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Pattern matching: Why no \1 in [ ]?

by Not_a_Number (Prior)
on Aug 07, 2003 at 19:37 UTC ( #282006=perlquestion: print w/replies, xml ) Need Help??

Not_a_Number has asked for the wisdom of the Perl Monks concerning the following question:

I thought, naively, that the easiest way of matching a string such as 'XOX' or 'TNT' but not 'XXX' or 'TTT' would be:

/(.)[^\1]\1/

...but this doesn't work:

$_ = 'BBB'; print /(.)[^\1]\1/ ? 'match' : 'no match';

This prints match. Indeed, it seems to match if I replace the middle 'B' with any single character (including '1' and '\').

Even more strangely, to me, if I 'un-negate' the character class:

/(.)[\1]\1/

...I don't seem to match anything (BTW, I get no complaints with strictures and warnings).

Context: I'm trying to code a simple substitution cipher solver (eg where 'ABCABC' will match 'murmur' and 'tsetse' but not 'booboo'). I'm aware that there are other ways of doing it, notably merlyn's post here. However, he uses (unless I'm mistaken) negative loook-behind magic, and I haven't got that far in Mastering Regular Expressions yet :-). I'm not looking for a solution, I'm just curious as to what /[^\1]/ and /[\1]/ actually match? I've scoured perlre and done an index search for the (admittedly large :-) part of Mastering Regular Expressions that I still haven't read, but found nothing that appears relevant to my question (that's not to say that there is nothing relevant, just that I might not have understood its relevance...).

TIA for your enlightenment.

dave

Replies are listed 'Best First'.
Re: Pattern matching: Why no \1 in [ ]?
by japhy (Canon) on Aug 07, 2003 at 20:25 UTC
    As has been stated, a character class is determined at a regex's compile-time, because it's turned into a big bitwise array, more or less. Having a backref in there would make it dynamic, and dynamic char classes don't exist (yet?).

    If $1 only has one character in it, then sure, you can do /(.)(?!\1)(?s:.)\1/ as was suggested. But if it's got more than one character, I think the "easiest" way is with the dynamic-regex assertion: /(.)(??{ "[^\Q$1\E]" })\1/.

    _____________________________________________________
    Jeff[japhy]Pinyan: Perl, regex, and perl hacker, who'd like a job (NYC-area)
    s++=END;++y(;-P)}y js++=;shajsj<++y(p-q)}?print:??;

Re: Pattern matching: Why no \1 in [ ]?
by MarkM (Curate) on Aug 07, 2003 at 19:46 UTC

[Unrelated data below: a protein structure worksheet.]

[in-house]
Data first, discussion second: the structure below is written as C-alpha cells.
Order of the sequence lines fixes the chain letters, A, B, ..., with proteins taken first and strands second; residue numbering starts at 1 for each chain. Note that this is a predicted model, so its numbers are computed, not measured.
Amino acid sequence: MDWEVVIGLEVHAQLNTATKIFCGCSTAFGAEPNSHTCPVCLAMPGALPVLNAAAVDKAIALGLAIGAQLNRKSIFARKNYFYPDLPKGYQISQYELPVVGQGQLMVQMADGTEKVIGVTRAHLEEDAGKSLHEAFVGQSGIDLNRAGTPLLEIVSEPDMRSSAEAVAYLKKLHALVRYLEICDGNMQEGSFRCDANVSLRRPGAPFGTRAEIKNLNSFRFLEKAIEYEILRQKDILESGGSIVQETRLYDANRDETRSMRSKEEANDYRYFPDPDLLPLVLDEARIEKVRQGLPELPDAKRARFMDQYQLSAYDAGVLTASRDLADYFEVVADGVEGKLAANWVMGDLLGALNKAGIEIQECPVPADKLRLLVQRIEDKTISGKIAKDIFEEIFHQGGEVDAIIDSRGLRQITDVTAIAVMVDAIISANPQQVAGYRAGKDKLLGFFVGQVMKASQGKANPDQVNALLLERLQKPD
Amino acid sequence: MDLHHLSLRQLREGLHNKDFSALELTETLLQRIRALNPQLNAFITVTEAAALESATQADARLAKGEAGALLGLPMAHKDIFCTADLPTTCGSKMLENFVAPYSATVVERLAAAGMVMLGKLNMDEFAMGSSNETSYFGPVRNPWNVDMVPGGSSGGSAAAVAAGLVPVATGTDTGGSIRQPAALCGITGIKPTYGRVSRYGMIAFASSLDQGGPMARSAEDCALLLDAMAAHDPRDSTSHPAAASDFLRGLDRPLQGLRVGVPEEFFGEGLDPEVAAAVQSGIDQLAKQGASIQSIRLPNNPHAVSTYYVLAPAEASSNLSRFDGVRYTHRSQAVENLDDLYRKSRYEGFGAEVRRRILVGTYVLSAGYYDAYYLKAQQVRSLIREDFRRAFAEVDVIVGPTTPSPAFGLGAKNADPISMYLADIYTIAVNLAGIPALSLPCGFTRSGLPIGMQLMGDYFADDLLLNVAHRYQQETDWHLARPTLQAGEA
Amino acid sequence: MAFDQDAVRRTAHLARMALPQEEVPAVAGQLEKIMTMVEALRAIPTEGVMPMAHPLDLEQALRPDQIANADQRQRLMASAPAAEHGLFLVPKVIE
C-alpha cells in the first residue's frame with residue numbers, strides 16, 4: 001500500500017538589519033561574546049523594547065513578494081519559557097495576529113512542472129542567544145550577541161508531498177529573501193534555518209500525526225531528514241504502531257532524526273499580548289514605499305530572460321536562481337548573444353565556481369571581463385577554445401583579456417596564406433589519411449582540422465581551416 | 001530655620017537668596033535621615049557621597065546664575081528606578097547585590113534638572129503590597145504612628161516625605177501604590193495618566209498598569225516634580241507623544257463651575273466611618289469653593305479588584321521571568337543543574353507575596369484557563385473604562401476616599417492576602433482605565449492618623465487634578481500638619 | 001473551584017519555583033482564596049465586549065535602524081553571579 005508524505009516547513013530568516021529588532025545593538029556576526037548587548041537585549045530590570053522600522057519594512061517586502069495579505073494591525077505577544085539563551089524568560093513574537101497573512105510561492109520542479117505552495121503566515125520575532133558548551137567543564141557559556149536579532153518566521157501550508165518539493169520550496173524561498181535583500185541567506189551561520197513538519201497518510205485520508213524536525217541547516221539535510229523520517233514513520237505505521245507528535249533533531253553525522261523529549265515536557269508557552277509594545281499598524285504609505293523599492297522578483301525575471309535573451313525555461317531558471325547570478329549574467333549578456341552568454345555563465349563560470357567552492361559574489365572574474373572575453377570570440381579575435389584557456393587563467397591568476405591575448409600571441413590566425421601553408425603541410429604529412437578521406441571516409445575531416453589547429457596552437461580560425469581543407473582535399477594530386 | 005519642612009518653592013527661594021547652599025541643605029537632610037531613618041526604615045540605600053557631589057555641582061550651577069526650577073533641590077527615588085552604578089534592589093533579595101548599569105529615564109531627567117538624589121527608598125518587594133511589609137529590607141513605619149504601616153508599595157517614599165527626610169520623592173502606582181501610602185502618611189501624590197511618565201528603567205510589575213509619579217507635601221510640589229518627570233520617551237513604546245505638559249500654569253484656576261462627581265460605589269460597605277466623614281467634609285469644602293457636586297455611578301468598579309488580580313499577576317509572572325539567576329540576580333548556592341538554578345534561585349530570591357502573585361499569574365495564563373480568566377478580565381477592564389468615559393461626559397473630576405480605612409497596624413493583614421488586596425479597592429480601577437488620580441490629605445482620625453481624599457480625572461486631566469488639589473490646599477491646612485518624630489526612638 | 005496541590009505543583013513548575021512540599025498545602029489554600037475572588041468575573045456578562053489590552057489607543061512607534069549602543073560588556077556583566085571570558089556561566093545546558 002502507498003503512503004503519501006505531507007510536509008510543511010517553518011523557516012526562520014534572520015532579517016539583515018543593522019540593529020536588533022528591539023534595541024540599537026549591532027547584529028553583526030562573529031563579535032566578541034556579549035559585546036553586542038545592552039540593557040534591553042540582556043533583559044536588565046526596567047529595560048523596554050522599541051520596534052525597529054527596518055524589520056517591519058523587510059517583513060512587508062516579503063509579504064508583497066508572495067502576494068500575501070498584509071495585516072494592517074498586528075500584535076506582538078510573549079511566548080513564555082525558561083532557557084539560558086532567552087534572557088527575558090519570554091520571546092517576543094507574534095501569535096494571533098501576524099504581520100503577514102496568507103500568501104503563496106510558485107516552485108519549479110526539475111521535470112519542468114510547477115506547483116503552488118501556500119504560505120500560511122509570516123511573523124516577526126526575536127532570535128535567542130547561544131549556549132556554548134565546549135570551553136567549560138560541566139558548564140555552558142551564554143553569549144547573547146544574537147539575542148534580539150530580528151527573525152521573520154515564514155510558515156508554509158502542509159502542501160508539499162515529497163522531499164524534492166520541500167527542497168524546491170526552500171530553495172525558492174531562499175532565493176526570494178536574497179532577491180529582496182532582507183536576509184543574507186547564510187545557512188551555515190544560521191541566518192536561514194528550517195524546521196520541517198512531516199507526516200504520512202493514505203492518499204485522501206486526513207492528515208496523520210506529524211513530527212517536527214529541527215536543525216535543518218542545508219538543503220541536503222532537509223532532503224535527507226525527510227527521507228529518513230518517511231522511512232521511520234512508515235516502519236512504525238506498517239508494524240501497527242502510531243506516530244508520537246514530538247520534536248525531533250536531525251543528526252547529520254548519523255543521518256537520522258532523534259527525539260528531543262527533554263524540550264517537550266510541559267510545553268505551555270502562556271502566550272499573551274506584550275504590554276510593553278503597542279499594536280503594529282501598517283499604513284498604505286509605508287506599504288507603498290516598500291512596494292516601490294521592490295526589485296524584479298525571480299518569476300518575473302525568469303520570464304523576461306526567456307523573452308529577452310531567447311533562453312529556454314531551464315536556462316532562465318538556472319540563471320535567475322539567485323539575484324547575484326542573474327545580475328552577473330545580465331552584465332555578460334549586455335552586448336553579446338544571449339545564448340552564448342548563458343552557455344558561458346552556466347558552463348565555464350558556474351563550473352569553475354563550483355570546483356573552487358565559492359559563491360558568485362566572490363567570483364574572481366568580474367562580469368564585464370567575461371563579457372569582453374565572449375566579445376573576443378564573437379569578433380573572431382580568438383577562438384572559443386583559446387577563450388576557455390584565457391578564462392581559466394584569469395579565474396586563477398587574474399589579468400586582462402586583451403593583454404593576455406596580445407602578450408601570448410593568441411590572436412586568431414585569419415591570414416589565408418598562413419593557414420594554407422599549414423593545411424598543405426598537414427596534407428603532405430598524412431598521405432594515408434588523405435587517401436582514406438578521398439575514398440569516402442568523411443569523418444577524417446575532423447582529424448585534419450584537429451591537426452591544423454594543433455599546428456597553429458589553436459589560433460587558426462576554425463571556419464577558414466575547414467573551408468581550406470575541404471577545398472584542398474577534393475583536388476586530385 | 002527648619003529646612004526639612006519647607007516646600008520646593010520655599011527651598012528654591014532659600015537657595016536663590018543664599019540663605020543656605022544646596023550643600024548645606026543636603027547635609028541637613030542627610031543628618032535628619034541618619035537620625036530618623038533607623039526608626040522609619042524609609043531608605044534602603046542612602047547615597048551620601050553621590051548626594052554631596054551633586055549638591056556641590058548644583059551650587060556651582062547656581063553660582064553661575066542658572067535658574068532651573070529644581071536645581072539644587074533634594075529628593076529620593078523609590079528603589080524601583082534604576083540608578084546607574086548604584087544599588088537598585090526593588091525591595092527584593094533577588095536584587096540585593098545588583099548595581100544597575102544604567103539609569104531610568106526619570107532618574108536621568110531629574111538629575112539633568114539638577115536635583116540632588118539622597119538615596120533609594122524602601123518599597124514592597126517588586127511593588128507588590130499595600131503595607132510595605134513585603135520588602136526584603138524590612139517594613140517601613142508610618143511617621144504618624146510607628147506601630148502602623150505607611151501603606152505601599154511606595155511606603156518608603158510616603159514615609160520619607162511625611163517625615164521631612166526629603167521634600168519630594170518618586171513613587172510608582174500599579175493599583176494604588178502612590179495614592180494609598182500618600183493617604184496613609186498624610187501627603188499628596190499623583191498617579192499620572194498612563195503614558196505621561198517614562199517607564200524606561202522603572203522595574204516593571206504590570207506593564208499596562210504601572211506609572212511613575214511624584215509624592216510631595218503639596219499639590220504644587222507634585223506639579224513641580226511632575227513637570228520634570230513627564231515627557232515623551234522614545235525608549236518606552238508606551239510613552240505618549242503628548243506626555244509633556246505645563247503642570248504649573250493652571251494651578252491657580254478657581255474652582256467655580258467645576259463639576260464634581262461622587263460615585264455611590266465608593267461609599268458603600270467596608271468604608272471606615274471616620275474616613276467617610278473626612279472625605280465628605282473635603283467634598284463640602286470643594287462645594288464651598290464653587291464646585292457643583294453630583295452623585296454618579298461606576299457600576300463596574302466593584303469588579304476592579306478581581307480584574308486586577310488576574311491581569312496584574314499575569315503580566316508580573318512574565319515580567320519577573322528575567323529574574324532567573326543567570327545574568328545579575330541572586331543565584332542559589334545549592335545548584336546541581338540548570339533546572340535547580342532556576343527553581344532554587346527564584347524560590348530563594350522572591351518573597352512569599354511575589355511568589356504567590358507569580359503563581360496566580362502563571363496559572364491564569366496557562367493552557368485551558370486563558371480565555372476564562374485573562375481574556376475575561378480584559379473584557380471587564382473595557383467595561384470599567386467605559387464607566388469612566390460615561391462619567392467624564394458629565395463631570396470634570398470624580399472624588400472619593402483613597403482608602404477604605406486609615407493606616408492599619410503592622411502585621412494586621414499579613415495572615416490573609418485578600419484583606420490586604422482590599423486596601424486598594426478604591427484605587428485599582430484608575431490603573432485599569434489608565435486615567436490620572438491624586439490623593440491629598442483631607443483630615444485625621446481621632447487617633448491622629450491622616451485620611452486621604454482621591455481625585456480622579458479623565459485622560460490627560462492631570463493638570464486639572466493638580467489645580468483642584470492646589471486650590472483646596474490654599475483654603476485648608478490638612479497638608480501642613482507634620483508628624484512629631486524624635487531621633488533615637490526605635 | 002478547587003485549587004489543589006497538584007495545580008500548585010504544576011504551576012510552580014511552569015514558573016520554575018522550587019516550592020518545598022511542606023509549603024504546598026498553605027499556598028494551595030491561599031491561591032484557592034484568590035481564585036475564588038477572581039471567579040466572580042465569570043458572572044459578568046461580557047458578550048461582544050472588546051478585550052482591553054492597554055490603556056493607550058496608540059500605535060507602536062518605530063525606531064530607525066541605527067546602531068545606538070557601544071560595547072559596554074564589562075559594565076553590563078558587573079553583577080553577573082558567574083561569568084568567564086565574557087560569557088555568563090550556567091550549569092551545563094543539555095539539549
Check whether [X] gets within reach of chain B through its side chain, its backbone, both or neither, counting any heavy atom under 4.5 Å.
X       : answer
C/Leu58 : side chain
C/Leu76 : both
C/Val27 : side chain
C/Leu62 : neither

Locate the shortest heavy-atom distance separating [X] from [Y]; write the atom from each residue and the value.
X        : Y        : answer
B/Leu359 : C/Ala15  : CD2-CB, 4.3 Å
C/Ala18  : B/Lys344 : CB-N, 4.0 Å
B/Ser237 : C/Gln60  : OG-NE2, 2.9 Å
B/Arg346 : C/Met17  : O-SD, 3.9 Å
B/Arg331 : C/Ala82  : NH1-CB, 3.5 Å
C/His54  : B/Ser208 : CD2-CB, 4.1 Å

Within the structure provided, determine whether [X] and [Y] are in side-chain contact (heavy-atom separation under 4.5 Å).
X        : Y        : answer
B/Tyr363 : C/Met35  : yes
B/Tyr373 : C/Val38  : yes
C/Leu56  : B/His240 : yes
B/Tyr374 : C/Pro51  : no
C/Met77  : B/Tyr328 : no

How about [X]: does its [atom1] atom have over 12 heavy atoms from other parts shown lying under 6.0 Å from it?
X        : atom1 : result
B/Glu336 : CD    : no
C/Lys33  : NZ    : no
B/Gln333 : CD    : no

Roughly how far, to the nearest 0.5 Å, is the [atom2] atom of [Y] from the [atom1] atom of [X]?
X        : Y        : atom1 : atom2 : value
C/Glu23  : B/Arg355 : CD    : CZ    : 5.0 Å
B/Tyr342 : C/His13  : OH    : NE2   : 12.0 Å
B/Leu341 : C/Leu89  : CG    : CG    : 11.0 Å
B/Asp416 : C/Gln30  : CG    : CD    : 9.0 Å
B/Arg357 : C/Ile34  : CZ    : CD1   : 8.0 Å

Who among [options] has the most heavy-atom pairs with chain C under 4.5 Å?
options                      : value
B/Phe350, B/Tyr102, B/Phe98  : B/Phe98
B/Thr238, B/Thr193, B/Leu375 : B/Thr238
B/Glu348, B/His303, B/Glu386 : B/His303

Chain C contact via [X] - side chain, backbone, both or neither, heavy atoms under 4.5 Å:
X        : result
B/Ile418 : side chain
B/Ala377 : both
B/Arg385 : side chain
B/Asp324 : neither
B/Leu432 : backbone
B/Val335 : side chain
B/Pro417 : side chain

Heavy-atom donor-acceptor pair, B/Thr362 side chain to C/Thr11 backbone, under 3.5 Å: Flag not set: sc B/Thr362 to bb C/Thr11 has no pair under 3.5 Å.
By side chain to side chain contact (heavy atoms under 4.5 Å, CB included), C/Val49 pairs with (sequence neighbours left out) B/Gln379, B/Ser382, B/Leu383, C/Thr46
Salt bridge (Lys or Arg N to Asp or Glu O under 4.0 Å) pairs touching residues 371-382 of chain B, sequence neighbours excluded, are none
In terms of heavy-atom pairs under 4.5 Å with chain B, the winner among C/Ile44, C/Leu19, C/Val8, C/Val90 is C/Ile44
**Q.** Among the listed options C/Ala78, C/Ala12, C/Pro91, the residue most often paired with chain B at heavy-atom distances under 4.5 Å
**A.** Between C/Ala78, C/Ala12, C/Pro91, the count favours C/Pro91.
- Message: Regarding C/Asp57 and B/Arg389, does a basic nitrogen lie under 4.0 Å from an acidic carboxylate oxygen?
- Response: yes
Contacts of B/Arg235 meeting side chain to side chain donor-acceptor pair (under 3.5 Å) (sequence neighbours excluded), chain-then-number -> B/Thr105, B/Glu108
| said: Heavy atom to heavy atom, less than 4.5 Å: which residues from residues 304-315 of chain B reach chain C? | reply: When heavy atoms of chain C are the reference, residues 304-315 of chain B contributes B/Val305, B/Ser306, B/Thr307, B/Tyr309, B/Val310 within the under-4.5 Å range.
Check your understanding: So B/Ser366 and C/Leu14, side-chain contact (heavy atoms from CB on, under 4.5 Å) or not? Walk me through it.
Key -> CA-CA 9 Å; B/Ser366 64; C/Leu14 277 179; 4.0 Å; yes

\1 provides the ability to substitute the literal text string of a previously matched parameter into the regular expression. It doesn't give you the ability to recompile the regular expression. Character class ([...]) are a compile time directive. \1 is a run time directive. [\1] is interpretted as 'the character with value 1'.

Re: Pattern matching: Why no \1 in [ ]?
by artist (Parson) on Aug 07, 2003 at 19:49 UTC
    Look at Backreferences

    Also for your prolem can be solved easily without character class.

    $_ = 'abcab'; if(/^(.)(?!\1)(.)(?:(?!\1|\2).)\1\2$/){ print "$&\n"; }

    artist

Re: Pattern matching: Why no \1 in [ ]?
by japhy (Canon) on Aug 07, 2003 at 20:31 UTC
    In fact, merlyn's code uses the approach Juerd showed you. It's just a bunch of negative look-aheads for the backreferences you've already matched. For instance, text matching "ABCADB" would be the regex /^(.)(?!\1)(.)(?!\1|\2)(.)\1(?!\1|\2|\3)(.)\2$/s.

    _____________________________________________________
    Jeff[japhy]Pinyan: Perl, regex, and perl hacker, who'd like a job (NYC-area)
    s++=END;++y(;-P)}y js++=;shajsj<++y(p-q)}?print:??;

Re: Pattern matching: Why no \1 in [ ]?
by Juerd (Abbot) on Aug 07, 2003 at 20:09 UTC
Re: Pattern matching: Why no \1 in [ ]?
by errr (Initiate) on Aug 08, 2003 at 06:55 UTC
    To see what the regexp is doing, you can use the re pragma. use re 'debug' to enable debugging:
    perl -Mre=debug -le 'print /(.)[^\1]\1/ ? "match" : "no match"' Freeing REx: `","' Compiling REx `(.)[^\1]\1' size 19 Got 156 bytes for offset annotations. first at 3 1: OPEN1(3) 3: REG_ANY(4) 4: CLOSE1(6) 6: ANYOF[\0\2-\377{unicode_all}](17) 17: REF1(19) 19: END(0)
    from this you can see that the \1 is being interpretted as a unicode 1 to check you can:
    perl -le '$_ = "B\1B"; print /(.)[^\1]\1/ ? "match" : "no match"'
    and you'll see that that is a "no match"

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